Shabbat Shalom with a Heart-Healthy Dose of Torah – Lech L’cha

Halloween is a time for all children in America to live Biblically. This Shabbat coincides with the pagan holiday of Halloween. Now, truth be told, I am not sure how many Jews are going to be in synagogue tonight. It’s really ok. We are supposed to be involved in our communal life, and we are supposed to celebrate with our neighbors. I get it. Most poignant is the timing of Halloween this year, because its coincidence with this Torah portion gives us, as Paul Harvey used to say, “The rest of the story.” God tells Abram (not yet Abraham), “leave your home, go on a journey, and go seek blessings.” Tonight, our children will embark on this biblical journey to leave their homes and go on journeys in search of blessings (candy). That is the easy part.


Abram left his home and took his wife Sarai (not yet Sarah) and went on an incredible journey that brought about the western world of faith. The journey was fraught with as much peril as it was filled with blessing. The rest of the instruction from God took this into account, “Those who bless you I (God) will bless, and those who curse you I (God) will curse.” These are pretty much the rules for the festivities tonight. “Trick or treat” really means that if I (trick or treater) don’t get candy, I (trick or treater) will potentially wreak some havoc on your life (house, yard, car, etc). And, people fight this holiday as being anti-biblical!?!


Seriously, this analogy helps us see how the “Command to journey” plays out in even the most unlikely places in our lives. Every day, we awake and go on this journey. Where we pay attention to our daily tasks and our daily relationships, we bring home our wages, bonuses, and “warm fuzzies” that allow us to count the day as successfully lived. Where we fail to pay attention … we bring home alienation. Sounds simple, no? Well, yes, but too simple.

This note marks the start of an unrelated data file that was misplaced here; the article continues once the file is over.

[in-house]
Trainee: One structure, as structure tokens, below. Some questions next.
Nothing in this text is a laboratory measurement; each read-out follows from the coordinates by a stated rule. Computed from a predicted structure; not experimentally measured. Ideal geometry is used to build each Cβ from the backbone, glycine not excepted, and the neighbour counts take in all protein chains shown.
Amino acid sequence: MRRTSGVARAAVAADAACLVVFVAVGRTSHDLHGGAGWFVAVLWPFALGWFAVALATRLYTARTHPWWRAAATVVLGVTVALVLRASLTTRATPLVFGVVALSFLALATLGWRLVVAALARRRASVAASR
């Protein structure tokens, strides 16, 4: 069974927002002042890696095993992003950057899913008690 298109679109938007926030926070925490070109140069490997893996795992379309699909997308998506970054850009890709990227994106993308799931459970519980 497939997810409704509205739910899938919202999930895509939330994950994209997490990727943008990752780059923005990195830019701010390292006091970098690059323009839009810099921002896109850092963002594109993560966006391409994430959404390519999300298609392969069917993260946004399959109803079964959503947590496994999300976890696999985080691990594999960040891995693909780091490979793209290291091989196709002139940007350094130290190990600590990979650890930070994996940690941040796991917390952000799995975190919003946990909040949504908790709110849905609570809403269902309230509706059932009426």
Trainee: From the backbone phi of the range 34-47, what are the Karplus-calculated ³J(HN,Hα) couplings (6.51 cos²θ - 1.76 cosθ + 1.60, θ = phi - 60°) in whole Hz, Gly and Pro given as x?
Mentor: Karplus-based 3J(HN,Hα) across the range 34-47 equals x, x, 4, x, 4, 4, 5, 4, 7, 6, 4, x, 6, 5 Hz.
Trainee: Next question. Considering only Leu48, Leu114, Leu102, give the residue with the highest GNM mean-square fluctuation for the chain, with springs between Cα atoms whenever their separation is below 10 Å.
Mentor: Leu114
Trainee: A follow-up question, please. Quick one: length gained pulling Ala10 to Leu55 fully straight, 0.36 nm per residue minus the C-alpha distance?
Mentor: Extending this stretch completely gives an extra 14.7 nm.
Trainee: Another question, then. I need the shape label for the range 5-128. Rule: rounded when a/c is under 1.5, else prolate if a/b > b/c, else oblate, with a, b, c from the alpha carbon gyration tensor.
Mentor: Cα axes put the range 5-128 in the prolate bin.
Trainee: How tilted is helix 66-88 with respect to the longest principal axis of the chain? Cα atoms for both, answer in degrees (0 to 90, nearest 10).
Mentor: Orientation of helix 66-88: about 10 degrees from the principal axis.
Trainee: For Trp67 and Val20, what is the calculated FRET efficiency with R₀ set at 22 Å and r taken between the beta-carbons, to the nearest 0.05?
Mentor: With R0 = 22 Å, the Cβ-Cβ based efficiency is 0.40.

Certainly more than anyone else, we bless and curse ourselves in the most amazing and most heinous ways. We make the choices that bring us closer to warmth and the choices that leave our world cold. We do this in responding to our own behaviors in our choices as to how to respond to others.  For Halloween, a candy failure really is no excuse to destroy someone’s property. For our external world, someone’s bad behavior towards us does not have to merit an equally or more invective escalating response. Internally, our failure to accomplish one goal does not necessitate beating ourselves up or demeaning our own self-esteem causing the next failures.


I do not believe that “Lekh l’kha” – “get up and go” is simply a command for a young man to leave his home, knowing that God’s safety net follows him. The command to go and be a blessing is statement of consequences; the most severe of which play out in the ways in which we treat ourselves, present ourselves, appreciate ourselves, and care for ourselves. We are the example to everyone else: the one who presents that paradigm for how we want to be treated. If we behave in a manner that brings warmth, we tell people that warmth matters. Where we are abusive or neglectful of ourselves, we open the door for people to expect that we believe these behaviors are appropriate.


For every journey that we take with our feet, our soul either leads the way blazing the trail or follows, picking up the pieces afterward. Too often, we look to the fortunes in our lives and judge our relative success or failure by how we believe we are seen in the eyes of the other folks around us. What are our obligations to ourselves along the footsteps of these journeys? “those who bless you” … what about whether or not we include ourselves in the word “those?” Pirke Avot (mishnah) teaches, “If I am not for myself, who will be for me?” The Biblical text really should not be read as, “Those who bless you will be blessed.” Rather, the text should read, “As you are a blessing, people will bless you.”

In the real world? Well, Halloween is a fun holiday in America. What can be bad about sharing sweet gifts with each other? What can be bad? Well, the town in which I live (and really most towns now), has a curfew tonight. Trick or treating ends early in the evening … by law, and all but the private party festivities are over. Why? Because of the destruction and havoc people have wrought on this night. We cause the blessings and the curses.


As to why I am okay that Jews can have fun tonight? There is a real world, and when we wake, it is still Shabbat, and we all have lots of opportunities to celebrate the day we call a prelude to the messianic world to come. Go gather candy and share blessings, join us in the morning to be thankful for this and more. In between, let’s find a way to make the rest of the night blessed, as well.


Shabbat shalom!